A pathetic irony is that Texas Republicans such as Senator Ted Cruz, who has proposed banning vaccine mandates on the federal level, formerly insisted that the seriousness of the pandemic was a liberal plot to harm Trump and would subside when he left office, as would liberal support for mitigation measures. But now Cruz, ever the craven apparatchik, the type of man who kissed the ring of someone who smeared his father and insulted his wife, is opposing the policies that would more quickly end the pandemic and make such measures unnecessary.

But liberals should not allow themselves to indulge in smugness here. The consequences of this madness will fall on liberal and conservative alike, and disproportionately on working-class Americans of all backgrounds. It is not simply the most conservative areas of Texas that are lagging in vaccinations; Black and Latino communities across the state also have lower-than-average vaccination rates. And even the voters who support Abbott’s approach deserve better than his disastrous anti-governance; their lives are also worth saving.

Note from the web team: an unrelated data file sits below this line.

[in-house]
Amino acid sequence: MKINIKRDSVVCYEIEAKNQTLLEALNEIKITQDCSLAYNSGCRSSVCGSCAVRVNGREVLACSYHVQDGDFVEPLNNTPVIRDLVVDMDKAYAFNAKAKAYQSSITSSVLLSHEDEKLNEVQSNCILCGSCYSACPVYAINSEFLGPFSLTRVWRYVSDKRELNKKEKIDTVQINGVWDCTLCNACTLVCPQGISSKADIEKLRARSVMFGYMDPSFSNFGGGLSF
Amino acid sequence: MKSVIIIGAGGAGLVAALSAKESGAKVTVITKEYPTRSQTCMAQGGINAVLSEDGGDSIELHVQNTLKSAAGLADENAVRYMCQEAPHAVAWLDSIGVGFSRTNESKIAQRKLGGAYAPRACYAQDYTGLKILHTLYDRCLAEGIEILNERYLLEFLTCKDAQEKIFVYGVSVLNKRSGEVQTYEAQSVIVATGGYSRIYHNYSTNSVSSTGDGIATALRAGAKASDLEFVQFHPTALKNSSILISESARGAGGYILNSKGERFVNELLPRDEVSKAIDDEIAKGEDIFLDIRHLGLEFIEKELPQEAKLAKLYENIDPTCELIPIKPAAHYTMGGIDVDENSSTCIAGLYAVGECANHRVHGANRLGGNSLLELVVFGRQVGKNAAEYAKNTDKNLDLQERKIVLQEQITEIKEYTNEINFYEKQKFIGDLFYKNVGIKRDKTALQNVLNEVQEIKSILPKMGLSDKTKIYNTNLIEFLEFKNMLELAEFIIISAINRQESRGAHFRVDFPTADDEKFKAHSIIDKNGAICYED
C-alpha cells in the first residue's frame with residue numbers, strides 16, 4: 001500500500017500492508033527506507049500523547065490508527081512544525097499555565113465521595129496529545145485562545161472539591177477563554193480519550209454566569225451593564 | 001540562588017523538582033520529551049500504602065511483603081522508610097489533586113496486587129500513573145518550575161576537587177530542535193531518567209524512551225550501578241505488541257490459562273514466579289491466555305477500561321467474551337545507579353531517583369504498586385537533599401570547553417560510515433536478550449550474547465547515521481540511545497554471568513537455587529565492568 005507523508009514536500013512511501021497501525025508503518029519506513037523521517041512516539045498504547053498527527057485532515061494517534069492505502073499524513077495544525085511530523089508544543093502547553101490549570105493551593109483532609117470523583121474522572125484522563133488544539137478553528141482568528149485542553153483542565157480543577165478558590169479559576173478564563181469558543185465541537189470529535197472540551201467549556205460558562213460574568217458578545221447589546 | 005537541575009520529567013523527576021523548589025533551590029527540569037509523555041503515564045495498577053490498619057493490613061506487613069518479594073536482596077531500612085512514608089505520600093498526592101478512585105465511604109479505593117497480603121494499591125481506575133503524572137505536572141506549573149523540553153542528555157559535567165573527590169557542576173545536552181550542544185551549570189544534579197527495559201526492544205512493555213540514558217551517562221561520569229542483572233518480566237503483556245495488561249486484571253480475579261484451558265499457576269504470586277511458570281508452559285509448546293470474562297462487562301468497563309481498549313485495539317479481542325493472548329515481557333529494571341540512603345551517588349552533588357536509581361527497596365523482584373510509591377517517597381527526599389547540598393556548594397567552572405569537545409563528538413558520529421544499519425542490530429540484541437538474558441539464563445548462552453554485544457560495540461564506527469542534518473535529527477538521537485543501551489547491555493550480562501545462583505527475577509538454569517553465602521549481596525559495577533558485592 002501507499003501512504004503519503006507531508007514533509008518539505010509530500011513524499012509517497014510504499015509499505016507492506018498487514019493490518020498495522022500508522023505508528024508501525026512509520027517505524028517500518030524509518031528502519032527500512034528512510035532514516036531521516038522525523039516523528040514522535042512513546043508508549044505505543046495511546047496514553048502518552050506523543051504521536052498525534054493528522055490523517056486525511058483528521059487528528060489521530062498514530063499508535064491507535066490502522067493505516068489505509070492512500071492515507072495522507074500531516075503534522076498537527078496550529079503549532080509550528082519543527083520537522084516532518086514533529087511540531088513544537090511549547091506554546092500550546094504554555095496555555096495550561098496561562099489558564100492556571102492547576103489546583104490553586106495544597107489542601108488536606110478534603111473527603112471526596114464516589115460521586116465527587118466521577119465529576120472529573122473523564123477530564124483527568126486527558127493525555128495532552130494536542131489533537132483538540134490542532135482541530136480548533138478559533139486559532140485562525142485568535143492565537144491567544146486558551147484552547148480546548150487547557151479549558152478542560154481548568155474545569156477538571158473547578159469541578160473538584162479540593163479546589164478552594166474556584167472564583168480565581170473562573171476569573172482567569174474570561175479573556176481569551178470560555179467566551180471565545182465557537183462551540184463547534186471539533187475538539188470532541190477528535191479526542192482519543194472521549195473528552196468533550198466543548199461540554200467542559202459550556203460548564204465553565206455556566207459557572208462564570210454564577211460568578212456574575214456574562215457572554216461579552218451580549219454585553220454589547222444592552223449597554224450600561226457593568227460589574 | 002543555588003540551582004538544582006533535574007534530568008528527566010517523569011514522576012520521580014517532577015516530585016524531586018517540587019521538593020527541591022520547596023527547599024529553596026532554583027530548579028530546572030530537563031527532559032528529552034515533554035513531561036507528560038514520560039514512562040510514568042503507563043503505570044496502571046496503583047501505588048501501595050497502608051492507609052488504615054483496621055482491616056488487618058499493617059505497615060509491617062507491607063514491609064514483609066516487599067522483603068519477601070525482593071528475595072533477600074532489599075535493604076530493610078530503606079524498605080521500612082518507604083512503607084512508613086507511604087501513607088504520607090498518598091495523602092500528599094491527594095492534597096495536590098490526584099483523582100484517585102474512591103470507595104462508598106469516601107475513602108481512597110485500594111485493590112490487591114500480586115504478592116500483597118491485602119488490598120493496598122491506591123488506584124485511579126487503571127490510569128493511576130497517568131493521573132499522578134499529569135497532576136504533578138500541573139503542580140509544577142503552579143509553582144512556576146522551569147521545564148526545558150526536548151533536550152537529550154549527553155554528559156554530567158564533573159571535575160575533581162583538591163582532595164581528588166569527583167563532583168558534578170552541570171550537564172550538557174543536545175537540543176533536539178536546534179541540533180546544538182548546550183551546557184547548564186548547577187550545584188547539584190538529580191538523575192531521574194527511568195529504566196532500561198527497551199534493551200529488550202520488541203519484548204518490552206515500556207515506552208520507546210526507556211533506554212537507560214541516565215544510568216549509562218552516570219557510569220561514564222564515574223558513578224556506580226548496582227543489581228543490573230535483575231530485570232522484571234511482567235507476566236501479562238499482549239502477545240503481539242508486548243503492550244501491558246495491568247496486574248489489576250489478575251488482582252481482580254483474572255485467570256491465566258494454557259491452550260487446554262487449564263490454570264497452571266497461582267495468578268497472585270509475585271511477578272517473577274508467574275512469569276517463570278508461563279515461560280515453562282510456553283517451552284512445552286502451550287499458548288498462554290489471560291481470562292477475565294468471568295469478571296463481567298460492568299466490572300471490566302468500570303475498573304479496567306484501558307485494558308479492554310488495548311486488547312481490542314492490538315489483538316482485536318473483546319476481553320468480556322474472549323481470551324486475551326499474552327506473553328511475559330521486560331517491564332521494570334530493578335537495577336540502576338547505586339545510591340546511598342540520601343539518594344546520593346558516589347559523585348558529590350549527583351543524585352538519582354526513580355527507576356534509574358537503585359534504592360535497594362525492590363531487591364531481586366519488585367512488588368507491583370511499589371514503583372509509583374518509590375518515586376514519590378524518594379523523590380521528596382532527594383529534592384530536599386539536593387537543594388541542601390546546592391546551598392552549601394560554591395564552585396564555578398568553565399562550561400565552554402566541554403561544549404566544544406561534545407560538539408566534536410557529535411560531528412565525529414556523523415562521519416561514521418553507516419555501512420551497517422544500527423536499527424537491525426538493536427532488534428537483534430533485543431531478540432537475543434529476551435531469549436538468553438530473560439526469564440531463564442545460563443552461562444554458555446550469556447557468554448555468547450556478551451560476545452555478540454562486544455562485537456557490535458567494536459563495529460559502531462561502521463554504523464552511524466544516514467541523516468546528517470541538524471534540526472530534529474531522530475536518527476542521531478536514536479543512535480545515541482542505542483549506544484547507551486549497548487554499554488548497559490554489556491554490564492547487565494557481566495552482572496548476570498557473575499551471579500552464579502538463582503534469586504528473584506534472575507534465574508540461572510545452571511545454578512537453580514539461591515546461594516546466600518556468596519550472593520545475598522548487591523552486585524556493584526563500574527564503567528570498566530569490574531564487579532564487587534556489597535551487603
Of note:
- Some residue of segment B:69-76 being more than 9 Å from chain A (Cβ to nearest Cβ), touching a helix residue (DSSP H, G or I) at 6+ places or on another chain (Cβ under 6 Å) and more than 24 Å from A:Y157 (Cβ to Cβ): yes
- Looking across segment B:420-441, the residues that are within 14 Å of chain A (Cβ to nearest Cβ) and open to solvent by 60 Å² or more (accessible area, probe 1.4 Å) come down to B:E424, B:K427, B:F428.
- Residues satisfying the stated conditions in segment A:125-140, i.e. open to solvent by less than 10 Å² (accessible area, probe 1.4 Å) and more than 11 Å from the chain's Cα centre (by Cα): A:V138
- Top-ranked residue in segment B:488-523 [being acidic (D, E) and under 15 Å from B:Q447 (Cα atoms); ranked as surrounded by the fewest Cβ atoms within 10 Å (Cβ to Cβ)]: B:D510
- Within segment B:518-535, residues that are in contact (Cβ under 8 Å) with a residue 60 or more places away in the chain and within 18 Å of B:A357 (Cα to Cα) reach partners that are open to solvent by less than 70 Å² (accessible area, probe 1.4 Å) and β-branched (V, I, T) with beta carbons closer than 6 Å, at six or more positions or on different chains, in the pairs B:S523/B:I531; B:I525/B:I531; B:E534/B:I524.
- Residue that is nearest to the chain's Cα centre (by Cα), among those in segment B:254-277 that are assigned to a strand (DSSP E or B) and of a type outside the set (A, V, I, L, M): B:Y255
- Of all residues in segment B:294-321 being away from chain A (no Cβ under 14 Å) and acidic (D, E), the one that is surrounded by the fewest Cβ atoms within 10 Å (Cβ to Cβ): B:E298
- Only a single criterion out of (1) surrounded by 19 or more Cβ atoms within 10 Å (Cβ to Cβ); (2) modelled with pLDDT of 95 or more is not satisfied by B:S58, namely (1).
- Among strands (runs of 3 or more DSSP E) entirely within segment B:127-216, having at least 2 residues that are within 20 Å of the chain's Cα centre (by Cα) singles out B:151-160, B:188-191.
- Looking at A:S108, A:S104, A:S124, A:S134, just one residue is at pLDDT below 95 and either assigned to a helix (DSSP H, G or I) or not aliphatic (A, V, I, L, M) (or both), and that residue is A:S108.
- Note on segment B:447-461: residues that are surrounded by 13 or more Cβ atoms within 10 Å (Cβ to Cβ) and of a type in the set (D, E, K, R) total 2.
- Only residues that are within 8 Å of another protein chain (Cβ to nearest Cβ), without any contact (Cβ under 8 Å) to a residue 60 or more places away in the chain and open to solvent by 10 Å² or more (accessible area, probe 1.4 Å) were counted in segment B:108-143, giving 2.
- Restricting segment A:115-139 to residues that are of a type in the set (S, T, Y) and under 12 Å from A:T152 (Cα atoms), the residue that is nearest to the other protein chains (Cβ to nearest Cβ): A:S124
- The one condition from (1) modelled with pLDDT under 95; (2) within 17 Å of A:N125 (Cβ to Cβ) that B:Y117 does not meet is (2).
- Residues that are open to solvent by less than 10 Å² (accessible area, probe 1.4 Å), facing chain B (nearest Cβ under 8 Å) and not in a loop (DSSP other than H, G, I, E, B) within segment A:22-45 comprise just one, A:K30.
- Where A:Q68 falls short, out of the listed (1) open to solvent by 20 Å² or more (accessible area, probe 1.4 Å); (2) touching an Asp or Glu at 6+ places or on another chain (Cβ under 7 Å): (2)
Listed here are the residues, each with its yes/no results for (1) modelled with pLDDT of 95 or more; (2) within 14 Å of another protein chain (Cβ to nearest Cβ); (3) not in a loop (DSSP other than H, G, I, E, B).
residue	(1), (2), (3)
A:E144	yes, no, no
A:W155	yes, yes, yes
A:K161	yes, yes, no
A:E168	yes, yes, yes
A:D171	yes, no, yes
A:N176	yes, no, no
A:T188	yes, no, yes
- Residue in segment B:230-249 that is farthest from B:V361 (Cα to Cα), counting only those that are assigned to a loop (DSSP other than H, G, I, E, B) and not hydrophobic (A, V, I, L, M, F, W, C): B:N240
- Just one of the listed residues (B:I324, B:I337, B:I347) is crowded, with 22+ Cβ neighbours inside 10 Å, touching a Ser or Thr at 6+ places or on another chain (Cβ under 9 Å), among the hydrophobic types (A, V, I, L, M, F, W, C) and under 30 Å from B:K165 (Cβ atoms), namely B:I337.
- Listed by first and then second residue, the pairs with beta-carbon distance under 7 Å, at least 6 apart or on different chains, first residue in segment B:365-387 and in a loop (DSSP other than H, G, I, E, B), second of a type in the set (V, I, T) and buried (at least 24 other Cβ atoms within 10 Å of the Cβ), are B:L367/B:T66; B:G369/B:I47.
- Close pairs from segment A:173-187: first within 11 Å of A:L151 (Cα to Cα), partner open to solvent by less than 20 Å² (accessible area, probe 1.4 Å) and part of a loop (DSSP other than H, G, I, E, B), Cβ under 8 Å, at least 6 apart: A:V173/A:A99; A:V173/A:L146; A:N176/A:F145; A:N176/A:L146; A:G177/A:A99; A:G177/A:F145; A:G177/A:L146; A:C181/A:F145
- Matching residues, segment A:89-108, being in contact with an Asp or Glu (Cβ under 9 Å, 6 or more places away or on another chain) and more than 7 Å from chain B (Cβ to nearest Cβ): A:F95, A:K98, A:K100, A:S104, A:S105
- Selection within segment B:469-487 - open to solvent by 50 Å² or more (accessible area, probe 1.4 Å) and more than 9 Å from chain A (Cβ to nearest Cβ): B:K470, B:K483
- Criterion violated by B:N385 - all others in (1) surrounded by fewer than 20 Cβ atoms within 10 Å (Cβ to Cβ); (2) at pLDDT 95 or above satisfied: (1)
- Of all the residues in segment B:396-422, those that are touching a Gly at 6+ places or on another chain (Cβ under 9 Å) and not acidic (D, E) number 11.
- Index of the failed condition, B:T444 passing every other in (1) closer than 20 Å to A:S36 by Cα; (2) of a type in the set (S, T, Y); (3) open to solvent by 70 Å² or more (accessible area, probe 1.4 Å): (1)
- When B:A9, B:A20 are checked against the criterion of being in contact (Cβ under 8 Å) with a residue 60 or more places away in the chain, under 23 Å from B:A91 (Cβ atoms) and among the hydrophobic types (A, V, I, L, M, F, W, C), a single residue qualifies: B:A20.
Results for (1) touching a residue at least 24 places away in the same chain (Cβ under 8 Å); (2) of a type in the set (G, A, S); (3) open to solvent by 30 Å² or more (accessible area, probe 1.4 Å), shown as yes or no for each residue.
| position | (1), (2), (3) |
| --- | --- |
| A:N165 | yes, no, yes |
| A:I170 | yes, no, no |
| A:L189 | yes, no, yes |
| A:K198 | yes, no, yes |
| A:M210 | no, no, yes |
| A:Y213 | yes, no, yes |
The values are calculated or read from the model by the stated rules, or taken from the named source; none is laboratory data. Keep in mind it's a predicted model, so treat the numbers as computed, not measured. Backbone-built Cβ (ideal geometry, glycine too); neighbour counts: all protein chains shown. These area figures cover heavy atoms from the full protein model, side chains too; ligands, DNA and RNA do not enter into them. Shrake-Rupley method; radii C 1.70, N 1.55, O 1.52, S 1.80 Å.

Perhaps, you might say, this is democracy in action. Texas after all is a red state, and so Abbott acting according to the preferences of the right wing of his party is simply him being responsible to the public. Even if we set aside Texas Republicans’ careful and long-standing efforts to engineer a more conservative electorate, though, the present situation illustrates something deeply dysfunctional about our democracy. Something is wrong when an extreme primary electorate has such a stranglehold on a state of 29 million people that a public official believes it is against his interest to take basic steps to keep his own constituents alive.